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Workers compensation drug tests raise costs, questions

Workers compensation drug tests raise costs, questions

Amid increasing nationwide demand for drug testing to ensure workers compensation claimants comply with prescribed narcotic regimens and don't misuse their medications, questions are surfacing about the testing industry's business practices and ethics.

The recent questions raised by workers comp experts about the urine and blood testing laboratories are ones that employers seeking their services also should be asking, observers say.

Drug-testing companies provide their services through medical providers, including those treating workers compensation patients who are prescribed narcotics because of the nature of work-related injuries, sources said.

But the Oakland-based California Workers' Compensation Institute is expected to release results as early as this week from a study seeking to answer whether skyrocketing demand for drug testing is a new workers compensation system “cost driver,” said Alex Swedlow, CWCI's executive vp-research.

“The level of utilization and costs (of drug testing) have been increasing at a viral-like rate,” Mr. Swedlow said. “The preliminary numbers that we are seeing validate that the number of tests and dollars spent on these tests are growing at a very, very significant rate.”

Meanwhile, the workers comp system lacks protocols for the testing of narcotics, Mr. Swedlow said. “There is no guideline, no acceptable standard, no rationale for when and how and what to test for,” he said.

But drug-testing companies and other testing advocates say prescription-compliance monitoring helps assure that patients in and out of the work compensation system consume addictive pain medications as prescribed for them rather than divert them into the black market.


Testing also helps discourage drug misuse or abuse, such as doctor shopping for multiple prescriptions, and is a “best practice” to ensure patients' well-being, they say.

“Monitoring these medications through urine drug testing is part of the clinical guidelines recommended by the American College of Occupational and Environmental Medicine and Official Disability Guidelines,” among other organizations that develop practice guidelines, said Dr. Harry Leider, chief medical officer for Baltimore, Md.-based Ameritox Ltd., a drug-testing company. Ameritox offers a program to help identify workers comp claimants who should be candidates for the testing, Dr. Leider said.

Interest in claimant drug-testing services among insurers, third-party administrators, managed care companies and self-insured employers has grown within the past two years as they seek to determine which claimants might benefit from the testing, said Jennifer Kaburick, director of workers comp product management for St. Louis-based Express Scripts Inc.

“We see (that) discussed more frequently,” Ms. Kaburick said. “Our clients discuss it with us as a tactic they are using to help control and manage the use of narcotics. It's an opportunity for them to validate that either the person is taking the medication at dosages that are being prescribed or they are not.”

Payers can then use that information in discussions with claimants' doctors, Ms. Kaburick said.

Interest in testing injured workers for drug-regimen compliance has followed in the wake of U.S. government reports released in the past year about skyrocketing pain-medication use and abuse among the nation's population.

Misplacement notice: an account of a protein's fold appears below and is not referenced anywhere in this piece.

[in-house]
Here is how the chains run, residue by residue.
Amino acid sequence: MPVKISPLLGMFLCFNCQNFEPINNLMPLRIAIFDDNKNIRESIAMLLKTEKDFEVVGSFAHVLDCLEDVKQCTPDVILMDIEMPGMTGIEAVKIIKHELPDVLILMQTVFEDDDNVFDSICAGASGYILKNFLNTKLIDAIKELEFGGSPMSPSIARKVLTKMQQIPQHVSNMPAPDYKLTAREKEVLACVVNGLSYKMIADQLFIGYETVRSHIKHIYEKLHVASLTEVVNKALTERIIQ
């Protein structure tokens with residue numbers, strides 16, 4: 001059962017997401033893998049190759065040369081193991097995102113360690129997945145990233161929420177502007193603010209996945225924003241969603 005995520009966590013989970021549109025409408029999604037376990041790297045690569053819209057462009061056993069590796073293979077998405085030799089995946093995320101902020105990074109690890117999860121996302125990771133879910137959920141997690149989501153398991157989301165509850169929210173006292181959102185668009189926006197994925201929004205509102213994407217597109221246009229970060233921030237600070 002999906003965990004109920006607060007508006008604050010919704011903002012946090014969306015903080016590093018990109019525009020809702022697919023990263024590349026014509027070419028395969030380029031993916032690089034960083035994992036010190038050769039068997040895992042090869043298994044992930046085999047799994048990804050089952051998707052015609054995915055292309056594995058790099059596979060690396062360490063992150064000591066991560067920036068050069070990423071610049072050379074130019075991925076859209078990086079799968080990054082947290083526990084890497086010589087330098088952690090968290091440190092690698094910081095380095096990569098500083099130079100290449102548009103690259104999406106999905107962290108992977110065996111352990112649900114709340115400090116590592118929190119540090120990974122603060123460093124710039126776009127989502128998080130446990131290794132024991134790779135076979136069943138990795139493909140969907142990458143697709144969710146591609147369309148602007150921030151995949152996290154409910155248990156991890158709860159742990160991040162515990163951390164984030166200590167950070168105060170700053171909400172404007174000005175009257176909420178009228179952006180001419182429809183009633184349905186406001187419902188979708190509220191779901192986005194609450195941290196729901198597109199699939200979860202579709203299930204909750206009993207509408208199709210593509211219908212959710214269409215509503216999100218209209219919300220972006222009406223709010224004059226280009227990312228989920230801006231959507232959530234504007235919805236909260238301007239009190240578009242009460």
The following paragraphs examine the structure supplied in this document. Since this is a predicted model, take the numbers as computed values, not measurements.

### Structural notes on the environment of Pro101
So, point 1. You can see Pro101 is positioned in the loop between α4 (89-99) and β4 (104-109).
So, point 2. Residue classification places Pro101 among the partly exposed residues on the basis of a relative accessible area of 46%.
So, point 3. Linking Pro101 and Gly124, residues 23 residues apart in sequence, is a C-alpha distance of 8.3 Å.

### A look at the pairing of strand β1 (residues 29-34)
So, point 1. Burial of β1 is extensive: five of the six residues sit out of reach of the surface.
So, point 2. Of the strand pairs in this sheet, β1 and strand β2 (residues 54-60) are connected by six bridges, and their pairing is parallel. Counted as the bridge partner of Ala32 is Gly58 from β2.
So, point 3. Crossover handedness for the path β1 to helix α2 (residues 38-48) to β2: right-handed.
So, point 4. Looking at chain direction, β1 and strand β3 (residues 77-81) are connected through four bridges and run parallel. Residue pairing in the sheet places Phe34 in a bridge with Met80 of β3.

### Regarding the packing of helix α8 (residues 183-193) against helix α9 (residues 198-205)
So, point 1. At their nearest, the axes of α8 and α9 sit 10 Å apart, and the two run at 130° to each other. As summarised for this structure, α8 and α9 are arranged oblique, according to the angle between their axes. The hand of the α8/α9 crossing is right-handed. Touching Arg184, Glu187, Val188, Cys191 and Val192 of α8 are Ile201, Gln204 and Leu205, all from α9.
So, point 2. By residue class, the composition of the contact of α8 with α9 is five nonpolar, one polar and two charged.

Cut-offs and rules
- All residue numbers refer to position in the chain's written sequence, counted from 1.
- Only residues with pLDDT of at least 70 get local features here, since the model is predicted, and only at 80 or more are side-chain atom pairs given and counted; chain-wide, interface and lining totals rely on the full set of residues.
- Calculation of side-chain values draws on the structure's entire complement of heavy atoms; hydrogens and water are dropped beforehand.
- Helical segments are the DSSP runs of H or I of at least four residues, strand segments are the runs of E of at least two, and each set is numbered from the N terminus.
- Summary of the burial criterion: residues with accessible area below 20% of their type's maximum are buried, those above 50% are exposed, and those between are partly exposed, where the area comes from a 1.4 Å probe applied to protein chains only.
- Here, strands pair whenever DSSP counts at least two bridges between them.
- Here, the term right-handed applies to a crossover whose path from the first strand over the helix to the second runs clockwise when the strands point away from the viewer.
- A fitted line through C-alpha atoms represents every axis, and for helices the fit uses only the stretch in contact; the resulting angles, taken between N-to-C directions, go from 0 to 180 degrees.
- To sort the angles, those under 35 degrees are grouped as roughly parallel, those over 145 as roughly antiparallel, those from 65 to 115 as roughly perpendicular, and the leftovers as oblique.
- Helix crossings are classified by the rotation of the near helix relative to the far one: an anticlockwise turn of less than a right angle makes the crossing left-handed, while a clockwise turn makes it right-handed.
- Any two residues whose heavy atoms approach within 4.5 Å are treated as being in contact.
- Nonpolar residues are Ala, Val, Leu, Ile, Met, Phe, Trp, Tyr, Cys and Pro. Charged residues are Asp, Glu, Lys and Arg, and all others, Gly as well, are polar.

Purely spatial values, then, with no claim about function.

Ironically, while those reports focus on prescription use among the general population, narcotics have been commonly prescribed for injured workers for years because workplace accidents often cause painful injuries, Ms. Kaburick said.

Some payers also have grown interested in prescription-compliance monitoring because narcotics account for a substantial portion of workers comp medical expenses, sources said.

Simultaneously, more companies are entering the drug-testing field, and more drug-testing labs are seeking to service the workers comp industry.

“They have certainly marched into comp and said, "Our services are needed here and underutilized and how can we grow our business through the comp channel?'” said Ron Skrocki, vp of product management and development for GENEX Services Inc., a Wayne, Pa.-based case-management company.

But some major testing laboratories are themselves raising questions about industry practices in lawsuits against one another. Ameritox Ltd. and San Diego-based Millennium Laboratories Inc., for example, are enmeshed in lawsuits against each other over issues such as their use of science, ethics questions, and business practices used to attract doctors' business.

Some labs have provided doctors with revenue for patient referrals, while others have coached doctors on how to increase their revenue with schemes such as “up-coding” billing practices, sources said.

Such practices have led GENEX to question several lab companies about their business models, ethics, and strategies for attracting new business, said Mr. Skrocki. The vetting has been part of GENEX's search for potential business partners. “We want (partners with) a clean and defensible and fully transparent business model,” Mr. Skrocki said


GENEX also has questioned labs about their workers compensation expertise, their service quality, their technological abilities and their scientific approaches.

“That has been interesting for us, to assess what they say they have against what they (actually) have,” Mr. Skrocki said.

Employers seeking the services of drug-testing labs will want to raise similar questions, he said.

“Any of that is something you need to make sure of if you are looking at any of these companies,” Mr. Skrocki said.